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Showing 121 – 140 of 4051

​Rede Novo Tempo de Comunicação (Adventist Media Center–Brazil) is a media conglomerate of the Seventh-day Adventist Church in South America, which produces and broadcasts religious content in Portuguese and Spanish.

​Adventist Media Centre–India is operated by the Southern Asia Division of Seventh-day Adventists. It was established in 1947 and reorganized in 1989. It is located in Pune, Maharashtra, India.

​Adventist Media (AM) is the official media production entity for the South Pacific Division (SPD). AM operates at two locations: The Adventist Media building adjacent to the SPD administrative offices in Fox Valley Road, Wahroonga, Sydney, Australia, and at Signs Publishing in Warburton, Victoria.

​Governed by Ukrainian Union Conference, the young and actively growing Adventist Medical Center “Angelia” (formerly Adventist Christian Medical Center) is located at 3, Larisa Rudenko Street, Kiev, Ukraine. The mission of this Medical Center is to promote the ministry of healing of Jesus Christ by providing professional medical care and health education.

The Adventist Medical Center (Okinawa Medical Center) is a 48-bed medical institution at Nishihara, Okinawa, owned and operated by the Japan Union Conference.

From its humble beginnings in 1948 as a rented two-story house, known as Lakeside Clinic in Marawi City, to a 130-bed capacity DOH-recognized secondary level hospital, Adventist Medical Center-Iligan has overcome many challenges to achieve its current success.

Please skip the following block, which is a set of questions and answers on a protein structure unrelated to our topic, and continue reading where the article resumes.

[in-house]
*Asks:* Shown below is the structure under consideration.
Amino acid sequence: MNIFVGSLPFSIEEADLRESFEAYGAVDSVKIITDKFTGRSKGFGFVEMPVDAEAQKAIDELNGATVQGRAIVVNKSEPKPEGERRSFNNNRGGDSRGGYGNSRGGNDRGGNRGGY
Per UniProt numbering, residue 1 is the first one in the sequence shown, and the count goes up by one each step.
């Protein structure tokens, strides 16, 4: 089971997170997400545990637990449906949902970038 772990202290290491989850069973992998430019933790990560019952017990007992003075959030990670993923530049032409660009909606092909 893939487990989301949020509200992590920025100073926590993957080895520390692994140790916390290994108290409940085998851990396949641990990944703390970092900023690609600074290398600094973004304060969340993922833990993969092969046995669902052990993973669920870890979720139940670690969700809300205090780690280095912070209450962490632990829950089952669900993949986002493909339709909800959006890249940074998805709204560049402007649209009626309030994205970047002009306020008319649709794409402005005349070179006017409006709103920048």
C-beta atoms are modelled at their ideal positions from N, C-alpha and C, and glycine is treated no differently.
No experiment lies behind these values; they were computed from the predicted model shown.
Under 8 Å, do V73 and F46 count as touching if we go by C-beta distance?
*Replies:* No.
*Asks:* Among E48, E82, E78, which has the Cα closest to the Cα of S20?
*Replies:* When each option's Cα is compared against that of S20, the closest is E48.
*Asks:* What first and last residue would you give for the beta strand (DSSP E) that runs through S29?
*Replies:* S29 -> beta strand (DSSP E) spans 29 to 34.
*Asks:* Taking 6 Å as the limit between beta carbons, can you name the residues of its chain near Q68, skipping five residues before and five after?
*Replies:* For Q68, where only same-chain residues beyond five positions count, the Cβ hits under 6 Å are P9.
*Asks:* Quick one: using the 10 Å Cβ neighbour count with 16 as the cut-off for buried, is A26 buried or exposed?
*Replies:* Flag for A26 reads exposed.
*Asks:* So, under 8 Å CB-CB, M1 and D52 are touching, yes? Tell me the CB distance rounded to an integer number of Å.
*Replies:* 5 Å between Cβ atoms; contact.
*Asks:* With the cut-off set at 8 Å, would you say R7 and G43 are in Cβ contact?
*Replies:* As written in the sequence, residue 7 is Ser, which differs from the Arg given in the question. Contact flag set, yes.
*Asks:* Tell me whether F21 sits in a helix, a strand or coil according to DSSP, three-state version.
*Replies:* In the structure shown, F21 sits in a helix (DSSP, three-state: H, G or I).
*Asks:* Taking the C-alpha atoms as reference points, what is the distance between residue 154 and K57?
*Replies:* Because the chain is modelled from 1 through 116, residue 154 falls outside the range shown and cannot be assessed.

Adventist Medical Center–Valencia (AMCV, formerly Casuga Medical-Surgical Clinic) is a non-stock, non-profit faith-based healthcare facility located at A. Aguilar Street, Poblacion, Valencia City, dedicated to providing optimum quality care to all clients in Valencia City, Bukidnon, and nearby municipalities. It is one of the five medical institutions in Mindanao operated by the South Philippine Union Conference (SPUC).

​Inisa Community Medical Centre, which became Adventist Medical Centre in 2007, started medical services in the early 1950s and was one of the early clinics/hospitals in the western region of Nigeria. It has made significant impacts on the Inisa community and other neighboring towns and villages.

​Following the government restrictions on the activities of Adventists in Nandi, Kenya, between 1932 and 1963, the Adventists there relied on the Missionary Volunteer Societies to make up for the absence of formal Adventist schools in the region.

The development of indigenous Adventist music in Ghana dates from 1922, the year in which the Agona Seventh-day Adventist Singing Band was organized in Agona-Ashanti led by one Mr. Tenkorang. It was the first indigenous singing group in Adventist circles that used the indigenous language of the Akan people, Twi, in their singing. The formation of this singing band drew its inspiration from the Methodist Church which already had singing bands that assisted in its evangelistic efforts.